The traditional help system for Unix is the man page. Every command (and many other files, such as configuration files) has a man page, and these man pages can be read with the man program.
would show the man page for the kill command, and the output would look like this:
KILL(1) UNIX Reference Manual KILL(1) NAME kill - terminate or signal a process SYNOPSIS kill [-signal_name] pid ... kill [-signal_number] pid ... kill [-l] DESCRIPTION The kill utility sends the TERM signal to the processes specified by the pid operand(s). Only the super-user may send signals to other users' processes. The options are as follows: -l List the signal names. -signal_name A symbolic signal name specifying the signal to be sent instead of the default TERM. The -l option displays the signal names. -signal_number A non-negative decimal integer, specifying the signal to be sent instead of the default TERM. Some of the more commonly used signals: -1 -1 (super-user broadcast to all processes, or user broadcast to user's processes) 0 0 (sh(1) only, signals all members of process group) 2 INT (interrupt) 3 QUIT (quit) 6 ABRT (abort) 9 KILL (non-catchable, non-ignorable kill) 14 ALRM (alarm clock) 15 TERM (software termination signal) Kill is a built-in to csh(1) and bash(1); they allow job specifiers of the form ``%...'' as arguments so process id's are not as often used as kill arguments. See csh(1) for details. SEE ALSO csh(1), bash(1), ps(1), kill(2), sigvec(2) HISTORY A kill command appeared in Version 6 AT&T UNIX. BUGS A replacement for the command ``kill 0'' for csh(1) users should be pro vided. BSD Experimental May 31, 1993 1
What happens when you don't know which man page to read?
There is a useful tool called apropos, which will list all of the man pages containing a keyword.
For example, if I wanted to see what man pages discussed PDF file viewers, I could use the command:
And the output on my system looks like this, showing me that I could read the man pages for gv or xpdf to find out about viewing PDF files:
cont-de (1) - PDF output from TeX cont-en (1) - PDF output from TeX cont-nl (1) - PDF output from TeX pdf2dsc (1) - generate a PS page list of a PDF document pdf2ps (1) - Aladdin Ghostscript PDF to PostScript translator pdfinitex (1) - PDF output from TeX pdflatex (1) - PDF output from TeX pdftex (1) - PDF output from TeX pdftops (1) - Portable Document Format (PDF) to PostScript converter (version 0.7a) pdftotext (1) - Portable Document Format (PDF) to text converter (version 0.7a) pdfvirtex (1) - PDF output from TeX ps2ascii (1) - Aladdin Ghostscript PostScript or PDF to ASCII translator ps2pdf (1) - Aladdin Ghostscript PostScript to PDF translator gv (1x) - a PostScript and PDF previewer xpdf (1x) - Portable Document Format (PDF) file viewer for X (version 0.7a)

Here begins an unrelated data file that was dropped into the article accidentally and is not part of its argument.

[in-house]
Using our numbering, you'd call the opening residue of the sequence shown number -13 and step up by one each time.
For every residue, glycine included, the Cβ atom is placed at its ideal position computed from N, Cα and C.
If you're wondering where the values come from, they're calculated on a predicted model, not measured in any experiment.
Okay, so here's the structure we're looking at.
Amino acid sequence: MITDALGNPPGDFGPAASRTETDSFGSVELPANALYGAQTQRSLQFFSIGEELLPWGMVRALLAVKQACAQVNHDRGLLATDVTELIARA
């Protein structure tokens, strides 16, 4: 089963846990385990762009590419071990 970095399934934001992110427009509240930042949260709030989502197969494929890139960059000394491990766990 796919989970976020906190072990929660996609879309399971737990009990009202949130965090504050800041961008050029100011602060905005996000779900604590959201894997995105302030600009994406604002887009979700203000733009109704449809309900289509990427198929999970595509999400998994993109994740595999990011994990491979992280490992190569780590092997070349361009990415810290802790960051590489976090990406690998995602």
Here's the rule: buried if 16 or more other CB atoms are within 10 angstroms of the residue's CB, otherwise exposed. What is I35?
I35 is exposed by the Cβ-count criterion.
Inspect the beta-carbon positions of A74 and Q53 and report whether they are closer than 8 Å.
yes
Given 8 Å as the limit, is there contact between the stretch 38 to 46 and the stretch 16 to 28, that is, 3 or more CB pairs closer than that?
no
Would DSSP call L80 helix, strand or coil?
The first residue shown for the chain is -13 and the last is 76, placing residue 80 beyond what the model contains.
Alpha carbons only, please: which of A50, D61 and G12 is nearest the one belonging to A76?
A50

You will have noticed in the example above that there is a brief summary of each man page. You can use the whatis command to display this summary line for any man page:
e2fsck (8) - check a Linux second extended file system
Both apropos and whatis can use wildcards and regular expressions, which can be very handy.
Man pages are divided up into a number of logical sections, as shown in the table below:
|1||Executable programs or shell commands|
|2||System calls (functions provided by the kernel)|
|3||Library calls (functions within system libraries)|
|4||Special files (usually found in /dev)|
|5||File formats and conventions eg /etc/passwd|
|7||Macro packages and conventions eg man(7), groff(7).|
|8||System administration commands (usually only for root)|
|9||Kernel routines [Non standard]|
This allows you to have man entries with the same name in different
sections,For example, there is a printf command, and a printf
library call (from the C library), and these are known as printf(1) and
To read these two man pages (that have the same name), specify the appropriate section:
man 1 printf man 3 printf
There is a fairly basic man page viewer for X11, called xman. It allows you to browse sections and read man pages in a formatted form:
Some related commands are groff, man2html and manpath.
Both KDE and GNOME come with fancy graphical help browsers that can read man pages.
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